I've read about women who said that their mothers were their best friends. That started me thinking about my relationship with my mother, who died in November 2006, and with my daughter. My mother and I were never close, both geographically and emotionally. For whatever reason, I never felt the closeness that many women have with their moms. I have a friend who has a very close relationship with her mother, and they are more like friends than mother and daughter. When my friend and her husband moved out of state, her mother moved, too, to a city nearby.
I never gave the mother/daughter relationship a great deal of thought until my mother died rather suddenly. Then I realized that there were some things I wish I had told her. Now that I am the mother of a 16-year-old daughter, I have found myself hoping to have a much closer relationship with her than I had with my mother. I am trying to do things that might help us develop a close relationship. She has told me that I am not just her mother, but also her best friend. That's a pretty special statement from a 16-year-old these days.
Hearing her say these things is rather amazing. I adopted my daughter from Russia when she was 11 years old. She never had much of a relationship with her birth mother, and what she had was not a positive experience for her. She has said that she didn't deserve a loving mother. It took a lot of time and hard work for her to be able to accept that I love her and will always be there for her, and it took a similar amount of work for her to be able to admit that she loves me, too. Opening herself up to love also meant exposing herself to potential hurt. Despite the fact that coming from a traumatic background has made attaching to and trusting me very difficult, we do have a good relationship, one that is improving and growing stronger all the time. I know how important our relationship is to her.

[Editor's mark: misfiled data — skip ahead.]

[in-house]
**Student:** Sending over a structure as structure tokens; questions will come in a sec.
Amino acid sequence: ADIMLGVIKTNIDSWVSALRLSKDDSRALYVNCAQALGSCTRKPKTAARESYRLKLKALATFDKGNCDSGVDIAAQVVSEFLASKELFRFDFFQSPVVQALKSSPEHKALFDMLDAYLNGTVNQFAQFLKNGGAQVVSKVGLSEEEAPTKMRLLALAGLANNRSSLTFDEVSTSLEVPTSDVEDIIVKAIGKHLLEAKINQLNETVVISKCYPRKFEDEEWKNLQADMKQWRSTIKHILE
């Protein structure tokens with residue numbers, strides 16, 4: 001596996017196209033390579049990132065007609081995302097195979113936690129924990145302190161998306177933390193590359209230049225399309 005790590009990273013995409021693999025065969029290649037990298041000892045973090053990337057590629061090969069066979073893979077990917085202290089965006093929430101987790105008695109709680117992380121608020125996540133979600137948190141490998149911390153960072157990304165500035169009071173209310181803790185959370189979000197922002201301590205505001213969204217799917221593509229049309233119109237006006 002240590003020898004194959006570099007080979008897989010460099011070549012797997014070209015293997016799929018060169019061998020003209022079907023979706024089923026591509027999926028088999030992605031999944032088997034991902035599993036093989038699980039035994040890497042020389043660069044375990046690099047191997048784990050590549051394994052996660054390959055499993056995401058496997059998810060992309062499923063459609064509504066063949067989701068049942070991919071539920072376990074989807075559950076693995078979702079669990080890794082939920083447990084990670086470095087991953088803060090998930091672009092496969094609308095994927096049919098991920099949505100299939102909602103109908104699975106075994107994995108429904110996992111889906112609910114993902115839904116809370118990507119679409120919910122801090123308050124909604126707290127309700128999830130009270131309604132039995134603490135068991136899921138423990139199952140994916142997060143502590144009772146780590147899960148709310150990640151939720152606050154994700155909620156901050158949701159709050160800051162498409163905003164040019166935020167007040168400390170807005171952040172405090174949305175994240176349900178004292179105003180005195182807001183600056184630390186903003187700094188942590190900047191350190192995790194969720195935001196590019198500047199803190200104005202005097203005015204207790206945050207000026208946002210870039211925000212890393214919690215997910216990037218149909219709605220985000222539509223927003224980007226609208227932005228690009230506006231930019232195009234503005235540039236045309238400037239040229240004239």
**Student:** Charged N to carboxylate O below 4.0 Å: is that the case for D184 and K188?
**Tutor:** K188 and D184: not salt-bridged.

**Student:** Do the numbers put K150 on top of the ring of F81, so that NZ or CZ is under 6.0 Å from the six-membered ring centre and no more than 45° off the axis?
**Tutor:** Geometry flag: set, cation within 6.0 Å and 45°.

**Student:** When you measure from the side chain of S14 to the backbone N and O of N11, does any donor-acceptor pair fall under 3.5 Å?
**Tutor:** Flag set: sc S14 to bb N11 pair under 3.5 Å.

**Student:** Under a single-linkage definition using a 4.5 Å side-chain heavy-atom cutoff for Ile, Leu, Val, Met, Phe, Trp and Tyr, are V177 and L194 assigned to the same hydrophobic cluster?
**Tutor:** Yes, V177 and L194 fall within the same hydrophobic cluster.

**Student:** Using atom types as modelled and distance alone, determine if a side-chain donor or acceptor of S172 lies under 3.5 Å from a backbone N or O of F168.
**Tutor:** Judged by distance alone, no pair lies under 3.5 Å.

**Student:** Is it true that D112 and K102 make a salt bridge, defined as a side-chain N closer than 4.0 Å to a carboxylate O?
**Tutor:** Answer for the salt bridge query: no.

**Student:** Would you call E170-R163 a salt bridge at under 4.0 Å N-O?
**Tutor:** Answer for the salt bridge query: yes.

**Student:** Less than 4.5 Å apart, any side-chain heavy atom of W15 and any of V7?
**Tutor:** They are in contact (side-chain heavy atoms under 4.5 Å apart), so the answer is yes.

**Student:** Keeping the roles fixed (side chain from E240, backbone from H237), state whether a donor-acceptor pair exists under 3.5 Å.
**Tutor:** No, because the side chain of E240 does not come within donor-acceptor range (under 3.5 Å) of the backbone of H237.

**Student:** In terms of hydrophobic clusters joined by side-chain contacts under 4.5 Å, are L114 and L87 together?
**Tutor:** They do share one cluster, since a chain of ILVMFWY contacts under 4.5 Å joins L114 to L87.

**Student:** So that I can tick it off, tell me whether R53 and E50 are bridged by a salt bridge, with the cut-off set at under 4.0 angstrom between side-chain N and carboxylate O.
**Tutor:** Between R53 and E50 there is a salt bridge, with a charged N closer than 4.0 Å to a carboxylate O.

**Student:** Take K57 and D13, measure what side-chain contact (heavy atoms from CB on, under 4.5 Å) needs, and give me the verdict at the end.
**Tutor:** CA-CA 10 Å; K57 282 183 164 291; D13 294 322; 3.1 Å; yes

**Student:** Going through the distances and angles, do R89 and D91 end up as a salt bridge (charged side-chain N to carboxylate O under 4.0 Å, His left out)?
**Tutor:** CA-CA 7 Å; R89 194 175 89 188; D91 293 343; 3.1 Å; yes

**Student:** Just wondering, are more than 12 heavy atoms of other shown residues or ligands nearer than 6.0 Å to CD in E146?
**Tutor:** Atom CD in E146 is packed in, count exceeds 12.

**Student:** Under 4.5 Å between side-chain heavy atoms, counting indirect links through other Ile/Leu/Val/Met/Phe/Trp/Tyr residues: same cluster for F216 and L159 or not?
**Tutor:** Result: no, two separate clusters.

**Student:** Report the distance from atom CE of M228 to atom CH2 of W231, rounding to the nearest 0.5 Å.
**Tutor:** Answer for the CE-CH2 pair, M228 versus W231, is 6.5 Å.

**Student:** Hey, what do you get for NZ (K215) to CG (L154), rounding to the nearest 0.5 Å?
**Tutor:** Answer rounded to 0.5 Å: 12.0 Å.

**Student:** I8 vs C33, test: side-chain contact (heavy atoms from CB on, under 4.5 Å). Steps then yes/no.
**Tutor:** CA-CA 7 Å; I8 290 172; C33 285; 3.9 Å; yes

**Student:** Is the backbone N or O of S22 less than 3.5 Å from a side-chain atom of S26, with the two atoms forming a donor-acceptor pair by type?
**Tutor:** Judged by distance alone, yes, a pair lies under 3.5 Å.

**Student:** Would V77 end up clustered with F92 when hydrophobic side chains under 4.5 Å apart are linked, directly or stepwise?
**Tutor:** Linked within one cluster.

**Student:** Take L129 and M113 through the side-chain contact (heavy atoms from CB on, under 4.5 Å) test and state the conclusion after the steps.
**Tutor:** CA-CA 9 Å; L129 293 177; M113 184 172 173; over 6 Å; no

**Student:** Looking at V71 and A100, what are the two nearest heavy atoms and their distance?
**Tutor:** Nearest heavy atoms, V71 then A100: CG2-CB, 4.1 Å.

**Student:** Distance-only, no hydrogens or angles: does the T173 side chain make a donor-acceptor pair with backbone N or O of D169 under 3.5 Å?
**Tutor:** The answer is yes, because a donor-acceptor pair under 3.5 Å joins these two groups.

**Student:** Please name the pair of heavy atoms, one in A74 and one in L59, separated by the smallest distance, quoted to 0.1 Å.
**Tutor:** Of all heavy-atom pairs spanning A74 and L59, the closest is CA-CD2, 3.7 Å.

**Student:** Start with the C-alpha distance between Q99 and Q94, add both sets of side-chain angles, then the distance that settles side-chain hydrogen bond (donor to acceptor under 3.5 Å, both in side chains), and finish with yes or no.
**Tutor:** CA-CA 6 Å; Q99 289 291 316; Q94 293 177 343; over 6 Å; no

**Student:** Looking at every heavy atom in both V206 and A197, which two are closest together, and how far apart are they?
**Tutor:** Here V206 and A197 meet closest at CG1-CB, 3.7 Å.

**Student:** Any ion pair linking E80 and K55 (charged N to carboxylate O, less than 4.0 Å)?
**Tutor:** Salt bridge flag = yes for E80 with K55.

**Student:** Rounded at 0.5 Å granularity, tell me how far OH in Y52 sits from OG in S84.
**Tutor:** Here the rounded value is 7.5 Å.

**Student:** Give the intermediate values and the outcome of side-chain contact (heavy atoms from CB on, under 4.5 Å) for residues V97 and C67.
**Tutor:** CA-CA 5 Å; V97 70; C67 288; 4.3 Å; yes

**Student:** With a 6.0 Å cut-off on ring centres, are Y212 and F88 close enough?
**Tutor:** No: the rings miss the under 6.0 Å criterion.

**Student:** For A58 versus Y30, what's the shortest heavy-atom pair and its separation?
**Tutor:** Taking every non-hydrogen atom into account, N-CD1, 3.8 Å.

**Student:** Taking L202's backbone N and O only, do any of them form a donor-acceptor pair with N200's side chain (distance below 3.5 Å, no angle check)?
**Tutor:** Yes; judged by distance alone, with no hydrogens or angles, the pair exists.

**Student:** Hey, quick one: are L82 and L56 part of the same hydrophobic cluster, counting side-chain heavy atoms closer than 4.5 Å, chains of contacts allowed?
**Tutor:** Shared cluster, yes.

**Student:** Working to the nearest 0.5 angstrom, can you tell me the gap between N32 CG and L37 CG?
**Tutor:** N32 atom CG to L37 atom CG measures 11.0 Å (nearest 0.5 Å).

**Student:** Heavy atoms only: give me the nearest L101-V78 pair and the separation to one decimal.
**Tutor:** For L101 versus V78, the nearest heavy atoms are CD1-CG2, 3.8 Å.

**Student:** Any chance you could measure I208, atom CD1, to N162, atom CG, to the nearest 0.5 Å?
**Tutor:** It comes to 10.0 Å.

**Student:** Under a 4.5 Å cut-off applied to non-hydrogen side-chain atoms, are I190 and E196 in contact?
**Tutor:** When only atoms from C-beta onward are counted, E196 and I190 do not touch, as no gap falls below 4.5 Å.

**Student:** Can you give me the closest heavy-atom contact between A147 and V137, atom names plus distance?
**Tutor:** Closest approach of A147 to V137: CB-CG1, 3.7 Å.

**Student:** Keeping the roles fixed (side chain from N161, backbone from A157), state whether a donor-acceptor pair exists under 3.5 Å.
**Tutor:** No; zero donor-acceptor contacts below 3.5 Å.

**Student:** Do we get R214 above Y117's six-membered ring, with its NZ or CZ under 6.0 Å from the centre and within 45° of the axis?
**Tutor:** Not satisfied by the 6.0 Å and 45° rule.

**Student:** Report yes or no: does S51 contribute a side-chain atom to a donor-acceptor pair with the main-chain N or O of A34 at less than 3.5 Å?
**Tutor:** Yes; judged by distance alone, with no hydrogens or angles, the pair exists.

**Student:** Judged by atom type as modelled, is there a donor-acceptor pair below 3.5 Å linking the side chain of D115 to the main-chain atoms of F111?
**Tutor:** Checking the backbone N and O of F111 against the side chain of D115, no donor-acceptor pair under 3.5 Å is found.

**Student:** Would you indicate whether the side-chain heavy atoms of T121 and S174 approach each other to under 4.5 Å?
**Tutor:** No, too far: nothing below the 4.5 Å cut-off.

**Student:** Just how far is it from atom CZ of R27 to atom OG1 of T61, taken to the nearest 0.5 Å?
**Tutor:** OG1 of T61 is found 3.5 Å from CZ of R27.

I want my daughter to be able to tell me or ask me anything. Learning to trust when all the adults in your life have betrayed your trust and abandoned you takes a huge amount of effort and a big leap of faith. She also is very worried that she will hurt my feelings if she tells me something I may not want to hear. I have told her that I would rather deal with what she needs to tell me than to know that she is being less than truthful with me.
My daughter is her own person; she is creative and artistic and outgoing, all things I am not. She learns best through hands-on experience, I through listening and note-taking. We share a love of animals, photography and reading. And we enjoy spending time together, even when it involves hard work such as cleaning the garage.
My dream for her is simple: that she become the best person she can become, whether she is a teacher, an artist, fashion designer or mechanic. I want her to find a career that she enjoys and that will provide her a comfortable life style. I have a master's degree in education, but she may well not go to college. If not, she understands that she will need to attend art school or a vocational program of some kind. My dreams are not her dreams.
I just want her to be happy. And being happy, for someone with her background, cannot be taken for granted. It isn't a natural feeling. But she no longer feels doomed to a short, unhappy life. She knows she deserves a good life and happiness. She knows that she deserves love, and a mother who will always be there for her. I hope she understands that as humans, we all make mistakes, and we all hurt others at some point in our lives. But that doesn't mean the relationship is doomed.
As I have told her repeatedly, and I believe she now accepts this, she and I are a team. We will face life's challenges together, as mother and daughter, and as friends.